Between August 4 and August 23, Fuchs contacted Maremont representatives three times. On August 4, Fuchs wrote to Maremont concerning Pemcor's complaint and the FTC order. That letter stated only that "serious legal problems" could occur if the FTC order prevented Maremont from acquiring the Rowe shares. The letter did not mention any representations by Maremont, the tender offer, or any desire to rescind. On August 15, Fuchs spoke by phone with Pirie. Fuchs' notes of the conversation indicate that he asked Pirie why he had not told the Rowes about the FTC order. At trial, Fuchs testified that he also told Pirie that it was "incredible" that Maremont had not disclosed that it was going to make a tender offer, and that the Rowes were entitled to rescission. Fuchs did not, however, formally request rescission at that time. On August 23, Fuchs sent Maremont a letter formally requesting rescission. Although the rescission letter mentioned several alleged misstatements and omissions by Maremont (e.g., the representation that Maremont planned to obtain only up to 20 percent of Pemcor's stock), the letter did not mention Shapiro's statement that Maremont would not make a tender offer.
On August 30, the Rowes filed a counterclaim against Pemcor. Part of the relief the Rowes requested was an order directing Pemcor to transfer the Rowe shares to Maremont. On October 27, 1977, the Rowes filed a cross-claim against Maremont, alleging securities fraud (among other things). The cross-claim, like the rescission letter, did not mention the "No" tender offer representation.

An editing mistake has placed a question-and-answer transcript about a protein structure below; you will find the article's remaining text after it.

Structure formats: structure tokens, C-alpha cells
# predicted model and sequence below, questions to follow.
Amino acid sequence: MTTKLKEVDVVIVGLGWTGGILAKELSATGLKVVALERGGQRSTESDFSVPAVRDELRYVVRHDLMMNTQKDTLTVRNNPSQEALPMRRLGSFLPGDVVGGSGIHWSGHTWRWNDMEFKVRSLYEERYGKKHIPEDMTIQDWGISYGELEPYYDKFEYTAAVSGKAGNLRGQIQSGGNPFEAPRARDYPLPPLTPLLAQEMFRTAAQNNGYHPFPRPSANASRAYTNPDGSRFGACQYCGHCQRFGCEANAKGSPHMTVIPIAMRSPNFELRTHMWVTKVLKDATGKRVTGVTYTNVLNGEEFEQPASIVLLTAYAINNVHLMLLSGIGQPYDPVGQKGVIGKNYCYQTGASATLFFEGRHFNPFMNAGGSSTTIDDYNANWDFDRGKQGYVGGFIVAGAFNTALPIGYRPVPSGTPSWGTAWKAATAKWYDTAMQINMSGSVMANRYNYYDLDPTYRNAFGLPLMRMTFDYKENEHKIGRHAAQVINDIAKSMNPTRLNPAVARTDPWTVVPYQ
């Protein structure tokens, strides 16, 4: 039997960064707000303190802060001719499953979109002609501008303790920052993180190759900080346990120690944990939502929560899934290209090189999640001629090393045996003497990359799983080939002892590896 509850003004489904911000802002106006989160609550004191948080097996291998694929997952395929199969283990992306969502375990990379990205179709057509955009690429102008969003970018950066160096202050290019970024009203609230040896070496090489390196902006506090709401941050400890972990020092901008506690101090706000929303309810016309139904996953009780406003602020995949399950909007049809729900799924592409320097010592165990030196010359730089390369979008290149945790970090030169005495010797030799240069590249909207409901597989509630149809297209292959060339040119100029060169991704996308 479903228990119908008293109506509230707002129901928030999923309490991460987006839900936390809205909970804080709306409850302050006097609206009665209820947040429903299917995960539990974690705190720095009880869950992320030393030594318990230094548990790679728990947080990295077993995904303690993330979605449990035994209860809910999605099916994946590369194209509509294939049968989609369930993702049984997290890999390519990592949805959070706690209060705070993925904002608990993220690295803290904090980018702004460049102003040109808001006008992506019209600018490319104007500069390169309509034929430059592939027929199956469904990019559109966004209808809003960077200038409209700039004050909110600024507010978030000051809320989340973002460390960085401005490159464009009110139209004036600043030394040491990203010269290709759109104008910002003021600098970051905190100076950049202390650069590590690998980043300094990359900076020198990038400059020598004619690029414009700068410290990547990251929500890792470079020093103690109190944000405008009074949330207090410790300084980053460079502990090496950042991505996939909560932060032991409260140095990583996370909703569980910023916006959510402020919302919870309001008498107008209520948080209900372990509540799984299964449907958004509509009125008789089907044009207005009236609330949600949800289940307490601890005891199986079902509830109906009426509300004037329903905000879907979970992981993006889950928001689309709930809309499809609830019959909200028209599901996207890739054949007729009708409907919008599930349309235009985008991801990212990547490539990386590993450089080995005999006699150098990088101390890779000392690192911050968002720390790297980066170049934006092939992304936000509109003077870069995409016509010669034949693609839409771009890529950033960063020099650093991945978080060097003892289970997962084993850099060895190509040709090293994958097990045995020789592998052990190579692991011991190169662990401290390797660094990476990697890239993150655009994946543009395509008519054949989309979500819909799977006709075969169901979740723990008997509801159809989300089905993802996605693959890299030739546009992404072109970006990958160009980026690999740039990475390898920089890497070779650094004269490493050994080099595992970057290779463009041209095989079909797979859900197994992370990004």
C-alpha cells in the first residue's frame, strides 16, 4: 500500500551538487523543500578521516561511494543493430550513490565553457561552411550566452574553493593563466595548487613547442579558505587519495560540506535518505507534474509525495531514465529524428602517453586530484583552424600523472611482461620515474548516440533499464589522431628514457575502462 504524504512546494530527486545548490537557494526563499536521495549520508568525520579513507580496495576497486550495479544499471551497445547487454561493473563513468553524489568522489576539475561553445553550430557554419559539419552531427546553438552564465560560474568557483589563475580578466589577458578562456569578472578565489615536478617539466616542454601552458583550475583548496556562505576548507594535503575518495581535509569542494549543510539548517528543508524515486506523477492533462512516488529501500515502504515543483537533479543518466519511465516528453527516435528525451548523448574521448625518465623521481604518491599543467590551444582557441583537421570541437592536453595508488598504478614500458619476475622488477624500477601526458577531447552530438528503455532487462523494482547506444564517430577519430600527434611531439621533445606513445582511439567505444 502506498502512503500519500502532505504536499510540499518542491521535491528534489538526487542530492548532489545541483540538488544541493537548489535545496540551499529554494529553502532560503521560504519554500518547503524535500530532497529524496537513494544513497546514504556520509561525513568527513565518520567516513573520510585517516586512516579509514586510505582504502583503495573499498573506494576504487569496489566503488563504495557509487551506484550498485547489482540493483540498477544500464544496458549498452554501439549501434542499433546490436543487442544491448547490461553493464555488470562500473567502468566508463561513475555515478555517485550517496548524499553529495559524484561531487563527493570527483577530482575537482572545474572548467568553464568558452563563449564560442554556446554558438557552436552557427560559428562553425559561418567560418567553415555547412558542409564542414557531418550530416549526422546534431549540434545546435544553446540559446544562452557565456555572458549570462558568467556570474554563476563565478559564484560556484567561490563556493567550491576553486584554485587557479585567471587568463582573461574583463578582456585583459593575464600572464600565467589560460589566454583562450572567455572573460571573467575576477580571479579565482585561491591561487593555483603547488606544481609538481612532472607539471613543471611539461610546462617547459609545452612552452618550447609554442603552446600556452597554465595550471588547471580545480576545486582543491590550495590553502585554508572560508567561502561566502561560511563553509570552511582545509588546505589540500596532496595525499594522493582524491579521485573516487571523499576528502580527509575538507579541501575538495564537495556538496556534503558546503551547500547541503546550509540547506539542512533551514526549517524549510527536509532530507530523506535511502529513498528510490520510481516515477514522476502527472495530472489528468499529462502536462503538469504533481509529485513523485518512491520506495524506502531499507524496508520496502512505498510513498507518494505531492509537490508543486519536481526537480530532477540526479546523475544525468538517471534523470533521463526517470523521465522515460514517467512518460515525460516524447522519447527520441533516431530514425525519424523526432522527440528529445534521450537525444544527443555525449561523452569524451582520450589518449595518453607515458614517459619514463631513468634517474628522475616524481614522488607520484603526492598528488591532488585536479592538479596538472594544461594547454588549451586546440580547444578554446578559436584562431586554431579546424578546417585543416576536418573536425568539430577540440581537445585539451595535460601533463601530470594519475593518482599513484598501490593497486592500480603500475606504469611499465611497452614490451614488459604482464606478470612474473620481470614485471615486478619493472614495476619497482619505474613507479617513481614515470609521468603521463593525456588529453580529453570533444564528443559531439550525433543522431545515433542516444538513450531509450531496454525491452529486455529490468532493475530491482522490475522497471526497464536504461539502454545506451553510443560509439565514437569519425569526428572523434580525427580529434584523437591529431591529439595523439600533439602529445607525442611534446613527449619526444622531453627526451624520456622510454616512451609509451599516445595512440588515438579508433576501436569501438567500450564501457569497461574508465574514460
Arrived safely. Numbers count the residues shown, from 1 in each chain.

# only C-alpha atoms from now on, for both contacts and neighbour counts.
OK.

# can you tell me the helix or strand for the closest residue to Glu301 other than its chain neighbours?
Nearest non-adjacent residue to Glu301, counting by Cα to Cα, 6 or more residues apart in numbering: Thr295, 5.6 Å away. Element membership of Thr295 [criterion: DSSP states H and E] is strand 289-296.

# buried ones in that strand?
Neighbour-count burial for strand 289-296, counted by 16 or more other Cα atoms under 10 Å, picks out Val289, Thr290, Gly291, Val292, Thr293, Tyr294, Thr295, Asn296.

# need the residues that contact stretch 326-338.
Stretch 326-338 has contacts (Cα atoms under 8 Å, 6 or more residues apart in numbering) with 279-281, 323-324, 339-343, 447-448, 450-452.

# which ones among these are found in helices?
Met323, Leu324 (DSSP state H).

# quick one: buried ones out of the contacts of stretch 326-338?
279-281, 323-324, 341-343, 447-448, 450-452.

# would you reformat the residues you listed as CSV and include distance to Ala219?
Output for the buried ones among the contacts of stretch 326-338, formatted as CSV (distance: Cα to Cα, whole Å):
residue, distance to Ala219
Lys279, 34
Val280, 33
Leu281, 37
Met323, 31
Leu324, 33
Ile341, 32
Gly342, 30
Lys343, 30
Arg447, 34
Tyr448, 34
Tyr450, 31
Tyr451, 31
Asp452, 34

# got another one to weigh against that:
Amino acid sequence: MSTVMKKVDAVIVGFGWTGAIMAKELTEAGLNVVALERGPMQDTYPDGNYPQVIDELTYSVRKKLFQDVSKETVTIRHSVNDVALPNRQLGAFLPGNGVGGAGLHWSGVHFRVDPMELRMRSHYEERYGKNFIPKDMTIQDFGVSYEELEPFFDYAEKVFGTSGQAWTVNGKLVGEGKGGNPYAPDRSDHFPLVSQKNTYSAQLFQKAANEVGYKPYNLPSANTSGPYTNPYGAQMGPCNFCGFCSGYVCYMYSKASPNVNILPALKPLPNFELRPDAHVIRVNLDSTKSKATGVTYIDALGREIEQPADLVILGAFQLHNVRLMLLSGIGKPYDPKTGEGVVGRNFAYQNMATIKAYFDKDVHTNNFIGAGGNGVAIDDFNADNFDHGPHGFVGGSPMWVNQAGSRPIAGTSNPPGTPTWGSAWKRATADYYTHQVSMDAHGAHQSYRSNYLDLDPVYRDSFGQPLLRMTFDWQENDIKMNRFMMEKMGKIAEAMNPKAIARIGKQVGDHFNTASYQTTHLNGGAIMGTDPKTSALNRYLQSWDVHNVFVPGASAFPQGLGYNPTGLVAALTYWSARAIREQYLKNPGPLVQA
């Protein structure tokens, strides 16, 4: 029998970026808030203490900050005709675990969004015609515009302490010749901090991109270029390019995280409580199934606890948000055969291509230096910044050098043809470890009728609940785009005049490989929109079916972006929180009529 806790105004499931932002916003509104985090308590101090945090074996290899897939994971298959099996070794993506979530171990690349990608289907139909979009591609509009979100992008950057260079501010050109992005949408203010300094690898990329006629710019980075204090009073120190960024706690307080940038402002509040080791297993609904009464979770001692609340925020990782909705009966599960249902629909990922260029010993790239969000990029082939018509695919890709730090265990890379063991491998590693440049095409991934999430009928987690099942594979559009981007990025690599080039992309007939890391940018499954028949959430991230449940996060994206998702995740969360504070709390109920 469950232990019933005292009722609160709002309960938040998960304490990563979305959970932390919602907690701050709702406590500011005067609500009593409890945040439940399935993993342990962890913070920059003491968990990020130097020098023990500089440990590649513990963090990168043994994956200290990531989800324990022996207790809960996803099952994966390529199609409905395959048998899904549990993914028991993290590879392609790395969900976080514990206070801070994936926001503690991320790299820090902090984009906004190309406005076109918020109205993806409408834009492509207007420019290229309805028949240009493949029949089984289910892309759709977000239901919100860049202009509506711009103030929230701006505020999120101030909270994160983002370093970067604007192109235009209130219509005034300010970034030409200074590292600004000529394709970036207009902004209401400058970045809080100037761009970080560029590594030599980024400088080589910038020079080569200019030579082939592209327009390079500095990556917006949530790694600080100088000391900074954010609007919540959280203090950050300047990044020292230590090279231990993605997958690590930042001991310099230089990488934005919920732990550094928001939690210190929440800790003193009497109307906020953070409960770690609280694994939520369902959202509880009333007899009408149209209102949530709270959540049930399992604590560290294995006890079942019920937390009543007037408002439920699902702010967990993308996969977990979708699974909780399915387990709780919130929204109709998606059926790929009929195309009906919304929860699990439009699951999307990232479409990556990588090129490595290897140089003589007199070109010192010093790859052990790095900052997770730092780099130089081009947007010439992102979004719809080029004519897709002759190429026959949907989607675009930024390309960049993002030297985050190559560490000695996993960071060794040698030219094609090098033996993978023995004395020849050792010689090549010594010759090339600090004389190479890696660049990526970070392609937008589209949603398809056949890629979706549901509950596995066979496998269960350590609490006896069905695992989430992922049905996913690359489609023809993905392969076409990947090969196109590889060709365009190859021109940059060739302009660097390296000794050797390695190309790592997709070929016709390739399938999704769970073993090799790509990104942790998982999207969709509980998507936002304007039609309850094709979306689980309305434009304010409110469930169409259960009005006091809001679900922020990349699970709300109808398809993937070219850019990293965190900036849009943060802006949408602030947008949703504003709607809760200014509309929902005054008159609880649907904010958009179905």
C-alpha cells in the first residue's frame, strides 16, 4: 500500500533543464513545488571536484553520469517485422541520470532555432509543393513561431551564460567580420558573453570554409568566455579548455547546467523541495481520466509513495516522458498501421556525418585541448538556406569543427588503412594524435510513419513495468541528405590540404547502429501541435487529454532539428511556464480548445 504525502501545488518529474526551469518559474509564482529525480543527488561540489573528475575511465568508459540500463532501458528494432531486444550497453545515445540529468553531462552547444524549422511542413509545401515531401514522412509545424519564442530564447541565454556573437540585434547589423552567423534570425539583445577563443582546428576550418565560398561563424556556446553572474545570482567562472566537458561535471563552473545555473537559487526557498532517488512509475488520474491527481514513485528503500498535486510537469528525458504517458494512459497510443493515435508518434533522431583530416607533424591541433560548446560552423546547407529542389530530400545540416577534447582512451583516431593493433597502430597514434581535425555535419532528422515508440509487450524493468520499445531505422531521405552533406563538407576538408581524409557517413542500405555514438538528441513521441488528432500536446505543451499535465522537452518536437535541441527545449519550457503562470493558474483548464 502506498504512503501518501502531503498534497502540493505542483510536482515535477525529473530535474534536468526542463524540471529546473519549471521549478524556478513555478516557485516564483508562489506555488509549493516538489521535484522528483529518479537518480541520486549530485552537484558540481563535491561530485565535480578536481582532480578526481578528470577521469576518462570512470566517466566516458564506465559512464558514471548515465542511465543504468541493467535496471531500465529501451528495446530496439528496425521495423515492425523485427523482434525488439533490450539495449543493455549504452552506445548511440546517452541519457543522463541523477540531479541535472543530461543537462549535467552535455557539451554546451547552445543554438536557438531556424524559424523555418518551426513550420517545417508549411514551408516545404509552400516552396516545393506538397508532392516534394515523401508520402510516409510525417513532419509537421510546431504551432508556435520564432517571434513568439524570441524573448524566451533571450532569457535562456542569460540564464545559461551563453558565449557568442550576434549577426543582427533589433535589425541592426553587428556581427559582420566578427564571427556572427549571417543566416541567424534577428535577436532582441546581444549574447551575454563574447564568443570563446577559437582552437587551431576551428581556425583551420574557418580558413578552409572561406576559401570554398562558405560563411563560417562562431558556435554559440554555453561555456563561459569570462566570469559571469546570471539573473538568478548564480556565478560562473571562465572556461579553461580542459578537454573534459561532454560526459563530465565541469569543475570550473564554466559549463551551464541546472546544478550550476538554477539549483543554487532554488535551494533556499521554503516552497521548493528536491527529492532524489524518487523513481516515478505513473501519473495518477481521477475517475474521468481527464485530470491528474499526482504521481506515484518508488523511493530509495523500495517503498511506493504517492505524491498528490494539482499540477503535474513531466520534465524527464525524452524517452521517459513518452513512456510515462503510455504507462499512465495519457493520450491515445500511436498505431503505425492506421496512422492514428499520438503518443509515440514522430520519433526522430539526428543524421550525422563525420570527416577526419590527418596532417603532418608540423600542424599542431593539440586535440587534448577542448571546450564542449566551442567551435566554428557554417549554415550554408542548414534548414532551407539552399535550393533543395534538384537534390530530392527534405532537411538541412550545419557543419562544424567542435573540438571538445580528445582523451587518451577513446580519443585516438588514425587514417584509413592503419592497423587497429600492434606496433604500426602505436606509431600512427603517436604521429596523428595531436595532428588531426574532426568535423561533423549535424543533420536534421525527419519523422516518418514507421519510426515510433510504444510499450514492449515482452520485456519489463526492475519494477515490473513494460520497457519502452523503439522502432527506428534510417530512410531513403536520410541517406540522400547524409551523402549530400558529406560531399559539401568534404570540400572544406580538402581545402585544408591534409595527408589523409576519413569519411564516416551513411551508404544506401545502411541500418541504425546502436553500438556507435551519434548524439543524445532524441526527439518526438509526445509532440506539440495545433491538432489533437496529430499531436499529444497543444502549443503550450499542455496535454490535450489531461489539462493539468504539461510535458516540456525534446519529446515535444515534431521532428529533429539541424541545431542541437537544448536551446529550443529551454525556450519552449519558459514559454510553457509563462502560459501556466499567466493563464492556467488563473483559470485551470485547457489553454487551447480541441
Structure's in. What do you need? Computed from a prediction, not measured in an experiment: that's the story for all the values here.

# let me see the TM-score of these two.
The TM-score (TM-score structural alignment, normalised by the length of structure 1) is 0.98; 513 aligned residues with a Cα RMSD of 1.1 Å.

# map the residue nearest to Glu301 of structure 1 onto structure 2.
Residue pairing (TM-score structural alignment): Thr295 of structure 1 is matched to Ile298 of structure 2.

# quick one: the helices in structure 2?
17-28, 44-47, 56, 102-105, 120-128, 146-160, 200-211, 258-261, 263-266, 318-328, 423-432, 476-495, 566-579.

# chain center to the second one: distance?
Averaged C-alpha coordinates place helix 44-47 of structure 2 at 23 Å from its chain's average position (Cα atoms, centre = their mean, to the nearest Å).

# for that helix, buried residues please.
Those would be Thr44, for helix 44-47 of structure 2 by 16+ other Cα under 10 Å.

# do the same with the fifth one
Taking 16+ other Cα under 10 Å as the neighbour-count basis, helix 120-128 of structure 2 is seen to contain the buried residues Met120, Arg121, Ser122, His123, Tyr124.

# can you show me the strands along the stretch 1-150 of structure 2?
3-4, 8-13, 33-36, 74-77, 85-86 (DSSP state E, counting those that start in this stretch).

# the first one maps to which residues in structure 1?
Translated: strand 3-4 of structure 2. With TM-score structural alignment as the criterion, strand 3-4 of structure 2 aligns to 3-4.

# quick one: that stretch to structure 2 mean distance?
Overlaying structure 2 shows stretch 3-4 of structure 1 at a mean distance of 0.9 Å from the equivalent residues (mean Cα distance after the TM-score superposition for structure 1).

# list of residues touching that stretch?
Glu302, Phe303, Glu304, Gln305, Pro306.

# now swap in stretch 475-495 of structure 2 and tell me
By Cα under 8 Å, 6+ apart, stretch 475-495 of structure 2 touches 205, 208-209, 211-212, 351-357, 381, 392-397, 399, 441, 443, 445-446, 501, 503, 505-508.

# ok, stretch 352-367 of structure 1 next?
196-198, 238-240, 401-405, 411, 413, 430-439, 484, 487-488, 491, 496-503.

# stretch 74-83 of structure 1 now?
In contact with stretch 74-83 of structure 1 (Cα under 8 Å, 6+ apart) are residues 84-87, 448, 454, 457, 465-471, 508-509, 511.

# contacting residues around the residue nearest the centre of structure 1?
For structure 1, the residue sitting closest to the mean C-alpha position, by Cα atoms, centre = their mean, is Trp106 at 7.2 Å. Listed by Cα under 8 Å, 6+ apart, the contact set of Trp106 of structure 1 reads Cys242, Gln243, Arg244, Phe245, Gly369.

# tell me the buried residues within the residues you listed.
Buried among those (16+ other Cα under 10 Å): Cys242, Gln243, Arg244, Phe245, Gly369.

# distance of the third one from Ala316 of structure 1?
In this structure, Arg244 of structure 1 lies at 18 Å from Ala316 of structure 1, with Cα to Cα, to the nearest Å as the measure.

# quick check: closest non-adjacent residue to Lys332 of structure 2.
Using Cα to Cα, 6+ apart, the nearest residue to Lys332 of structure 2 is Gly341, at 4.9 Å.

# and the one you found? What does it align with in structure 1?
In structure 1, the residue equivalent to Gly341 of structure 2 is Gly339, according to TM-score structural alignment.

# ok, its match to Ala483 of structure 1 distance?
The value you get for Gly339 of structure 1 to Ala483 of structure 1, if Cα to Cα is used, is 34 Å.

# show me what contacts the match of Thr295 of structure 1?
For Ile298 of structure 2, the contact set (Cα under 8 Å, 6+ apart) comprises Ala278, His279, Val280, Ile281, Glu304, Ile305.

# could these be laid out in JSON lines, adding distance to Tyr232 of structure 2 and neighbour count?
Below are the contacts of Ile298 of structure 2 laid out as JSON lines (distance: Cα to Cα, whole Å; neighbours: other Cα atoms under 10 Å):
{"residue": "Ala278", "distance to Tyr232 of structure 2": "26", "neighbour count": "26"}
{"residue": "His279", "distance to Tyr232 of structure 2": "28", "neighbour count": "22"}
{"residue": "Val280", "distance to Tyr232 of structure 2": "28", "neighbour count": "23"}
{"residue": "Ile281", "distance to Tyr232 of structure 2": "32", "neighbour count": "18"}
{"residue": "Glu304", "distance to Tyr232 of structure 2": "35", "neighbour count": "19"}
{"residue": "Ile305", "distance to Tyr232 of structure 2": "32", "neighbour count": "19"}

The FTC eventually approved Maremont's purchase of Pemcor stock. On April 8, 1978, the escrow agent (over the Rowes' objections) delivered the Rowe shares to Maremont. Pemcor successfully rebuffed all merger attempts by Maremont until a white knight, Esmark, came to Pemcor's rescue. Pemcor merged into Esmark, and Maremont exchanged the Rowe shares for a block of Esmark shares. In August, 1979, Maremont sold the Esmark shares for $7,039,439. Thus, Maremont made a total profit of $4,056,834 from purchasing the Rowe shares.